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Safety challenges exist for women in the construction industry

All workers have the right to a safe workplace. Women who work in the construction industry aren't an exception to that. While the percentage of women in the construction industry is very small, employers who have female construction workers must do their part to ensure that these workers have everything they need to work in a safe environment.

One issue that some women have is that the personal protective equipment that is readily available on construction sites is for men. Some of the equipment is universal; however, other equipment might be ill-fitting on a woman's body. Improperly fitted personal protective equipment and personal protective clothing can be a safety hazard. The notion that one sizes fits all doesn't apply to protective equipment in the construction industry.

Another issue that must be addressed is the presence of sanitary facilities on the job site. This aspect of having a female construction worker is one that can prove especially challenging. Temporary facilities, such as portable rest facilities, are often unsanitary and unclean. In some cases, the doors on the facilities might not have a working lock to provide privacy.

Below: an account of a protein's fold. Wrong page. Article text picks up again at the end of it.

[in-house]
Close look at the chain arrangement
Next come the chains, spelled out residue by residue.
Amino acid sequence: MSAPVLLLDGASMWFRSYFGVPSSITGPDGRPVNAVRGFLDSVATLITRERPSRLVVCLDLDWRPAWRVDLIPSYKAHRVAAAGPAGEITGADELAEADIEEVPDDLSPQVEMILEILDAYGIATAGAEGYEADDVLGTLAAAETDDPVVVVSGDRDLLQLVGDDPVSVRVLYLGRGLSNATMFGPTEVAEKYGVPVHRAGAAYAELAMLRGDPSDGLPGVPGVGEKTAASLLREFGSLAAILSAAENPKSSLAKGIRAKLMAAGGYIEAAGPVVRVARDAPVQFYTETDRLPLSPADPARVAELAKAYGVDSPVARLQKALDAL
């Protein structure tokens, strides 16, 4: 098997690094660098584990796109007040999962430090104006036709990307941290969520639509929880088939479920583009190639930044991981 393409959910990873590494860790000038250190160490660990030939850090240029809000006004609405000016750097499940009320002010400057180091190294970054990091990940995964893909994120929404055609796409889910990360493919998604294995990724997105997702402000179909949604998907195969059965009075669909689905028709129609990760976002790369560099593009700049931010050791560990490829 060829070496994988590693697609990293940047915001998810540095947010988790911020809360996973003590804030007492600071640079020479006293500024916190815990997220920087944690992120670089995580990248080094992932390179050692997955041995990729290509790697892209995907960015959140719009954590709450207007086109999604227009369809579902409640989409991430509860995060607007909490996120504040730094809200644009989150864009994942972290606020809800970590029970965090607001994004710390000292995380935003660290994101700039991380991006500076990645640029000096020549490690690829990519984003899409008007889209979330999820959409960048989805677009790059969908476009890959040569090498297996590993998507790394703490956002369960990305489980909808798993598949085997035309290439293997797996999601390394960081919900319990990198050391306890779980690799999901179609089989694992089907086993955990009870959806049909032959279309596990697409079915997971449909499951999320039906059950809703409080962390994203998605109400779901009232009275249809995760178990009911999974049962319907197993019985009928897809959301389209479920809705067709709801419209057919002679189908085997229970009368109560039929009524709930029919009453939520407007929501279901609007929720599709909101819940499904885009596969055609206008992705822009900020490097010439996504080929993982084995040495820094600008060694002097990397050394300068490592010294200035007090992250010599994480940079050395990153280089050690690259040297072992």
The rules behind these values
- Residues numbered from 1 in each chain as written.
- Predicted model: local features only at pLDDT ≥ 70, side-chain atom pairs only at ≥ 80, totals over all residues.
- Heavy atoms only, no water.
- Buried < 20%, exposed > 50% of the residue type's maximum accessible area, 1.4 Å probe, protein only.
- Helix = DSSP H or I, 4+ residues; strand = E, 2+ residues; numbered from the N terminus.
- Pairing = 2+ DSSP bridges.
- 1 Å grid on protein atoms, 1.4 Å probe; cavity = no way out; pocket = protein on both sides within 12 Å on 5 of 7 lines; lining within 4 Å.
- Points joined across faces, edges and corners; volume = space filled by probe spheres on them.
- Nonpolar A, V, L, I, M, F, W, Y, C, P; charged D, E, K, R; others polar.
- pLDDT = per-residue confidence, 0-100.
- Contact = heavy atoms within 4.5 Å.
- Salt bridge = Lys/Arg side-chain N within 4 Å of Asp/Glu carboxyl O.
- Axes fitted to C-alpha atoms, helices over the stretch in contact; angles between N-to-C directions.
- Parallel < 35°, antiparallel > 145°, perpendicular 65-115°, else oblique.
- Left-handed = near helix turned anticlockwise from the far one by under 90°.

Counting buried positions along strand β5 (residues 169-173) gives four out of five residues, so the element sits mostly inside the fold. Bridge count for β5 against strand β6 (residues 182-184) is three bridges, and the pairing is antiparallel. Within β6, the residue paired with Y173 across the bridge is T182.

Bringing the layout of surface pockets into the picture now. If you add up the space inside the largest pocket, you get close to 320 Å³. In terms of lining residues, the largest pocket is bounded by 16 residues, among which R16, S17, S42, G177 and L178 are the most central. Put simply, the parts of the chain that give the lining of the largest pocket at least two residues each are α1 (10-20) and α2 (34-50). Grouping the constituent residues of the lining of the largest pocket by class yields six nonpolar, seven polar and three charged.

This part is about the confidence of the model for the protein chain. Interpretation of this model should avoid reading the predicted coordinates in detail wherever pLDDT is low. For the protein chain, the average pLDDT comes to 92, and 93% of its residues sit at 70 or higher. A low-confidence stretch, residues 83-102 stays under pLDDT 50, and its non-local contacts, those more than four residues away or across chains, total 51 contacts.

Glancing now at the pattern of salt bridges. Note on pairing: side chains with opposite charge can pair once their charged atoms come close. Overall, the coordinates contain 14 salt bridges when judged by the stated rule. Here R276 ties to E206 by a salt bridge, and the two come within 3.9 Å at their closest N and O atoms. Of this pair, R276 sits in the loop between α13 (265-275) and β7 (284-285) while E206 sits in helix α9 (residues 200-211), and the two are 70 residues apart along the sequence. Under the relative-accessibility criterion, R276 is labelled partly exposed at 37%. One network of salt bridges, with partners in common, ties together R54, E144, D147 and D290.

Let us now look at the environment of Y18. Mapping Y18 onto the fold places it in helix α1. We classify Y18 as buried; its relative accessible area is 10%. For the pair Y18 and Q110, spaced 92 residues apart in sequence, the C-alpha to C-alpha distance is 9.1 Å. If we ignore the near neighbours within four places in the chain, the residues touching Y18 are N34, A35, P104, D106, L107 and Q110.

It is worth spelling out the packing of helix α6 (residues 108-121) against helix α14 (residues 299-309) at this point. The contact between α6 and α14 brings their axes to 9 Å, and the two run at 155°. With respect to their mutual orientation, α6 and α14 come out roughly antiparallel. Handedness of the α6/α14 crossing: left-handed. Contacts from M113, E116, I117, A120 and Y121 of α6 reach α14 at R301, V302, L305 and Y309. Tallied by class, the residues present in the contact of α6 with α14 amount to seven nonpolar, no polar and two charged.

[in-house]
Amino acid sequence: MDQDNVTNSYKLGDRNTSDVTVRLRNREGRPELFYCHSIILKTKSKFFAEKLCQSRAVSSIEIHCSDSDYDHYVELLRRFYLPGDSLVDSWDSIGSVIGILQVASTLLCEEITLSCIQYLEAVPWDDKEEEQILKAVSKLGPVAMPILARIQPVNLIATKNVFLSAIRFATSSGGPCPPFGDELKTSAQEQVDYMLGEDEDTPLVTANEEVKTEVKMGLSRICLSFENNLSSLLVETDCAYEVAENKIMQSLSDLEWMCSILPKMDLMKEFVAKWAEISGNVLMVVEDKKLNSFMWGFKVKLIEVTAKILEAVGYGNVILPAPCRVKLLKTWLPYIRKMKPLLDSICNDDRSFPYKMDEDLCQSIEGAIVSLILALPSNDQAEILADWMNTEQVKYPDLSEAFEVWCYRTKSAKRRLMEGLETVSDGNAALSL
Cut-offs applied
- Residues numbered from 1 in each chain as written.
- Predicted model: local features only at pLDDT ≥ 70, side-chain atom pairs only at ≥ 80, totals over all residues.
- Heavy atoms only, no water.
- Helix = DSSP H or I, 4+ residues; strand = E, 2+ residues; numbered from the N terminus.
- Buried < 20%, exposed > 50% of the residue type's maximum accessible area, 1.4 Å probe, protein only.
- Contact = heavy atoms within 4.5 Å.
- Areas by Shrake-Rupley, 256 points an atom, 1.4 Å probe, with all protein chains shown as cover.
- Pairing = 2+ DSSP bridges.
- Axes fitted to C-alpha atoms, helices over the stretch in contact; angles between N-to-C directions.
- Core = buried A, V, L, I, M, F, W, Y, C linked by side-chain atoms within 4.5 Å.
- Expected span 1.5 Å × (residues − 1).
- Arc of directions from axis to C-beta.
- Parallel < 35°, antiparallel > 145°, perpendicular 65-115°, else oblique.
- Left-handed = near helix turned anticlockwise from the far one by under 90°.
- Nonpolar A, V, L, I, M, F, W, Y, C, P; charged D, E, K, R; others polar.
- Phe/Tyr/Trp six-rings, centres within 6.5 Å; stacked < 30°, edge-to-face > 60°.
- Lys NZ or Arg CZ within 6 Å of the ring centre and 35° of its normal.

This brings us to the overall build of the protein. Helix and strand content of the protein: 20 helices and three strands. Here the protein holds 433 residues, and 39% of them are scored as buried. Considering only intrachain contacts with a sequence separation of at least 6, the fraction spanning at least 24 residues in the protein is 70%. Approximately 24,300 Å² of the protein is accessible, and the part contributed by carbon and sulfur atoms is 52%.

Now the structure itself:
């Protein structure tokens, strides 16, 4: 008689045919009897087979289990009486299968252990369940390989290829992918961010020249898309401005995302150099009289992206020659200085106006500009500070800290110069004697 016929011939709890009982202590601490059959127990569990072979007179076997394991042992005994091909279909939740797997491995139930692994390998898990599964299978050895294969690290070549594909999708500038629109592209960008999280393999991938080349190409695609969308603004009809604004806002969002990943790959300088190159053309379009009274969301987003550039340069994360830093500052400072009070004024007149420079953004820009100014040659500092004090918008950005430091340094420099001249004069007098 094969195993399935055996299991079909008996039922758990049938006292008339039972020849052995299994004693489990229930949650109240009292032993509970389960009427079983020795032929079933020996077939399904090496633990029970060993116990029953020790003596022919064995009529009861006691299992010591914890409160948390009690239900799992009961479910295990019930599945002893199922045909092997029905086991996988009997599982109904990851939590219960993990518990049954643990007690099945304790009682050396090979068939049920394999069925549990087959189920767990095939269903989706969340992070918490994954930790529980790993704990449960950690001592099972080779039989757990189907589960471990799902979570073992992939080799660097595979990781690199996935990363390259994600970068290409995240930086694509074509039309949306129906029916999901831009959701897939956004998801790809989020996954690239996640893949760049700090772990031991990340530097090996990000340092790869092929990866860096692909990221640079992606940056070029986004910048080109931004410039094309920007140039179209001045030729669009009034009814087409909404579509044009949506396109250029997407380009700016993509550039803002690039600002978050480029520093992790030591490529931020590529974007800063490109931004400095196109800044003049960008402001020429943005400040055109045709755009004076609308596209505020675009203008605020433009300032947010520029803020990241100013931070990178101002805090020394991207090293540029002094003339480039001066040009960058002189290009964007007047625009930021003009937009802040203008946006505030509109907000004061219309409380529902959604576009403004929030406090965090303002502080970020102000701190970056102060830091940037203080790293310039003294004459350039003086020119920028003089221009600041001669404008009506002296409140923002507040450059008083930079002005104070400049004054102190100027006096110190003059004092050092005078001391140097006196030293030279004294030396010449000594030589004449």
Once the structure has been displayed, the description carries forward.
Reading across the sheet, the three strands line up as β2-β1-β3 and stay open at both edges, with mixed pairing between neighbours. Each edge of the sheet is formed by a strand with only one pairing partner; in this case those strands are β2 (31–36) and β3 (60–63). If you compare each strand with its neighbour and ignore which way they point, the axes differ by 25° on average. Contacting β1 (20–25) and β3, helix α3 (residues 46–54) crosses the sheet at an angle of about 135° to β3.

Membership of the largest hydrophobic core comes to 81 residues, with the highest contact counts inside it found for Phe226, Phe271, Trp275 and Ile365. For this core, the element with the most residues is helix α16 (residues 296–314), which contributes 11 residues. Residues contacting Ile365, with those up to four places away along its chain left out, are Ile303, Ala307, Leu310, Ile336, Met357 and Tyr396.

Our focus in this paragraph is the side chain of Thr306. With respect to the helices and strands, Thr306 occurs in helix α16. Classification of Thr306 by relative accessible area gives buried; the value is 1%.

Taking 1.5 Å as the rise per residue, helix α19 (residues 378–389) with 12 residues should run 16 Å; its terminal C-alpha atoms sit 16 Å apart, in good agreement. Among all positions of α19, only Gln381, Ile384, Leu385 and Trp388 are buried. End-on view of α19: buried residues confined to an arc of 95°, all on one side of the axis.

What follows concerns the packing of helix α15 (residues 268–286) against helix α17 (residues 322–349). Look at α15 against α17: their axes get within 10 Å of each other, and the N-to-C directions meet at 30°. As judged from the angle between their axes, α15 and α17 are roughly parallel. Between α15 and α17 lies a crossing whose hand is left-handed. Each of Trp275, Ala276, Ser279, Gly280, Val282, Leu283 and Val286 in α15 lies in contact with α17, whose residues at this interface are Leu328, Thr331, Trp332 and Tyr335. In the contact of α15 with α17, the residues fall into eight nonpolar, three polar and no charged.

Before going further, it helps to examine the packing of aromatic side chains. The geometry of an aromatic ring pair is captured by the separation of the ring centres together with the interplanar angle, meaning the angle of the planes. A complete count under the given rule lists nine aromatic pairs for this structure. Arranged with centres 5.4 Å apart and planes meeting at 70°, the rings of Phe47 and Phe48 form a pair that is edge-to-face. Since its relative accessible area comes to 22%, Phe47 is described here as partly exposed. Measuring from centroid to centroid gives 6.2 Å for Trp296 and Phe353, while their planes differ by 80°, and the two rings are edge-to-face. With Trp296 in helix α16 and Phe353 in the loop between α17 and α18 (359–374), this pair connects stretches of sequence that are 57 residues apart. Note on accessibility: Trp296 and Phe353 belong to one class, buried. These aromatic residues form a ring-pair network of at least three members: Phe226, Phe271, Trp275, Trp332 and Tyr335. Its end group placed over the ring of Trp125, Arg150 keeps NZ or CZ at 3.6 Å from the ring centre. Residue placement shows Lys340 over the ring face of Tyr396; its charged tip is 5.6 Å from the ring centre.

Some women won't use the temporary facilities, which can lead to her not drinking enough fluid on the job site. She might also hold her bladder. Failing to drink enough can lead to dehydration. Holding the bladder longer than one hour after the urge to urinate can lead to urinary tract infections. Simply providing women with a sanitary place to take care of nature's calls can help to alleviate these concerns.

When a woman is injured or becomes ill because of workplace-related factors, she might opt to seek compensation from the employer. Understanding how to do this in Texas can help her decide her plan of action.

Source: United States Department of Labor, "Women in Construction," accessed Oct. 29, 2015

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